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  1. #1
    Alan Klein's Avatar
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    Filter exposure guidelines for B&W film.

    I normally shoot color film but decided to try B&W. I just picked up filters and Tmax 100 film to use with my landscape pictures.

    What are the recommended stop adjustments for each filter below? Here are the factors given by the manufacturer. All filters are B+W MRC F-Pro's.

    Yellow 022M filter factor is 2. f/stop ______?
    Orange 040M filter factor is 4. f/stop _______?
    Light Red 090M filter factor is 5. f/stop ______?

    There's another darker red that has a factor of 8. What's its f/stop? ________? Is this one overkill? ___________?

    If I add a polarizing lens, are the f/stop adjustments additive or do you multiply them? ____________?

    Beside the recommended f/stops, any other recommendations you'd like to pass on that would help me? ______________?

    Thanks Alan.

  2. #2
    Bill Burk's Avatar
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    Yellow 022M filter factor is 2. f/stop ___1___?
    Orange 040M filter factor is 4. f/stop ___2____?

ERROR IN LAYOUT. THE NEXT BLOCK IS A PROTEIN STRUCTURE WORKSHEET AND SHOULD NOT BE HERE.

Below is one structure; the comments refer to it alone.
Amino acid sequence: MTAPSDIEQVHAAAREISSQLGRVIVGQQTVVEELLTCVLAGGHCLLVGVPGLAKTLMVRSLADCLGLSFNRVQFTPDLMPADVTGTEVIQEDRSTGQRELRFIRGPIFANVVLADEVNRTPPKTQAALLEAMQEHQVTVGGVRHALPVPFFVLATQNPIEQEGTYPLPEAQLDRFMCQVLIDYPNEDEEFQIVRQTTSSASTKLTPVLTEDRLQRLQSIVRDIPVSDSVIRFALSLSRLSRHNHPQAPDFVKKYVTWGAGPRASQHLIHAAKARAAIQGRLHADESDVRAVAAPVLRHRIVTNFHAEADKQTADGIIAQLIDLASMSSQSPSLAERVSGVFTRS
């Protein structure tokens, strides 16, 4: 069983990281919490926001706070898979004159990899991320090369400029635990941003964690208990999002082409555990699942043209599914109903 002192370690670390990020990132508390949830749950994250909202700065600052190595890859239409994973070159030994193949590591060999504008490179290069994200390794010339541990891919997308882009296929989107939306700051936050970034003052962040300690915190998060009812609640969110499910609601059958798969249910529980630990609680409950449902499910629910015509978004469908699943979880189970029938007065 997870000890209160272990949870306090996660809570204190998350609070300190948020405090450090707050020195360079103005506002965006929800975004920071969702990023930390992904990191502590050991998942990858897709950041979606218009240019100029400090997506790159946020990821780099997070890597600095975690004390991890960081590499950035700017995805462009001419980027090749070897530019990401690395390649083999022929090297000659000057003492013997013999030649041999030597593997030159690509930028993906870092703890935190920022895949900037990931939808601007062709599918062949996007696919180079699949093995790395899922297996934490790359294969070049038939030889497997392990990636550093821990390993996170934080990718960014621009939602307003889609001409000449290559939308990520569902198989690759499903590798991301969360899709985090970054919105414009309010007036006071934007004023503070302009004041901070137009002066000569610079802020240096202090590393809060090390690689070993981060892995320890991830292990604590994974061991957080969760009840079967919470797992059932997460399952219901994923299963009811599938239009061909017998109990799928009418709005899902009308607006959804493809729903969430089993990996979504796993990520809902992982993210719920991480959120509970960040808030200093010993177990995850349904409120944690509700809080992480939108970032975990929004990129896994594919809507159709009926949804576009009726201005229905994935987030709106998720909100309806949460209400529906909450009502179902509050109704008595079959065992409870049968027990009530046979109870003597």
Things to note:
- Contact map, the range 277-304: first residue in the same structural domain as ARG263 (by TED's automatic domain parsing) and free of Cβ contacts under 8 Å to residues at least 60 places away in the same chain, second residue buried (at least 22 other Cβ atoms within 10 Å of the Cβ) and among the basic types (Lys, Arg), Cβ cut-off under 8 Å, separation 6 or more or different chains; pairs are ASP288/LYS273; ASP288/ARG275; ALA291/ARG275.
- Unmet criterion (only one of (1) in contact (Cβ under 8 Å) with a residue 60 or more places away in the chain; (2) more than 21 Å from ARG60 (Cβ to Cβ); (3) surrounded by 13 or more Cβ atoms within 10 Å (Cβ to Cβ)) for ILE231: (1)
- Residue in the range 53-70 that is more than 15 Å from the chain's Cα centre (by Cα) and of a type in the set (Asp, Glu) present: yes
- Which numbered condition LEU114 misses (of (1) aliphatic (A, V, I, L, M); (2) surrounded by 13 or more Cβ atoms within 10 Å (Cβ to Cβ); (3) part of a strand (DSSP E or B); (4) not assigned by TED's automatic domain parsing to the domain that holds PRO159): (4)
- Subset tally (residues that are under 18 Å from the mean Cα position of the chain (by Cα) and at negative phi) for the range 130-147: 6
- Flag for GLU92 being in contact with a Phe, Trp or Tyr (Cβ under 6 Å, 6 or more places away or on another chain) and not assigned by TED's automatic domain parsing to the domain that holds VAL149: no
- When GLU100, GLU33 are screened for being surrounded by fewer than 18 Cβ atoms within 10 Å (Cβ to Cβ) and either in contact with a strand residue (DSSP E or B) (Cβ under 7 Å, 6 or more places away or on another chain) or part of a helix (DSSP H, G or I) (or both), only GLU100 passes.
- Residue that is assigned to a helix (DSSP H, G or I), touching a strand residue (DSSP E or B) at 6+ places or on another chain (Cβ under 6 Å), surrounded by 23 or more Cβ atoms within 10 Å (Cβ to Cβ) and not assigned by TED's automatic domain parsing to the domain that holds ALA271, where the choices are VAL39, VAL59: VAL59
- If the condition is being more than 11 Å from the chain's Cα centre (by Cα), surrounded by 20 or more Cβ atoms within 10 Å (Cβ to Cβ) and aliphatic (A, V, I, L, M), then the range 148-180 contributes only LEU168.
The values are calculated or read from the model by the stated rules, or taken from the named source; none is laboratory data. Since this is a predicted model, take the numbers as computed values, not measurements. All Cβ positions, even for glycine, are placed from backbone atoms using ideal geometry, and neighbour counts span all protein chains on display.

There's another darker red that has a factor of 8. What's its f/stop? ___3_____?

    This is after metering outside the camera. If you meter with the filter on the camera, you open a whole ball of wax.

    There's a set of factors called "Hutching's Filter Factors" that you apply after metering throught the filter... The gist of it is ... a meter will tell you that red filter only needs 2 stops... but in reality you need 3 stops because the shadows ... which are mostly lit by reflected light from the blue sky... are metered wrong and will be really underexposed if you don't give it extra exposure.

  3. #3

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    It is not recommended to use more than a single filter since each one degrades the image. If you must use a filter then buy the very best that you can afford. Remember you are putting something in the optical path. You want to hold any degradation of the image to a minimum.

    Usually filters are not needed except in certain circumstances. A yellow, orange or red filter will emphasize clouds since they darken the rendition of the sky. A green filter will help open up shadows outdoors.
    A rock pile ceases to be a rock pile the moment a single man contemplates it, bearing within him the image of a cathedral.

    ~Antoine de Saint-Exupery

  4. #4
    BradS's Avatar
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    filter factor 5 equates to 2.3 stops (2 1/3 stops)

  5. #5
    markbarendt's Avatar
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    Like Bill says this is for external meters.

    The math is easy, just use the filter factor as the denominator and the film's box speed as the numerator. The result is the ISO number you use to set your meter.

    So for Tmax 100; film speed of 100 over a factor of 2 means you set the meter at ISO 50 (100/2=50). For filter factor 5; 100/5=20.

    For Tmax 400 and an orange filter; 400/4=100.
    Mark Barendt, Beaverton, OR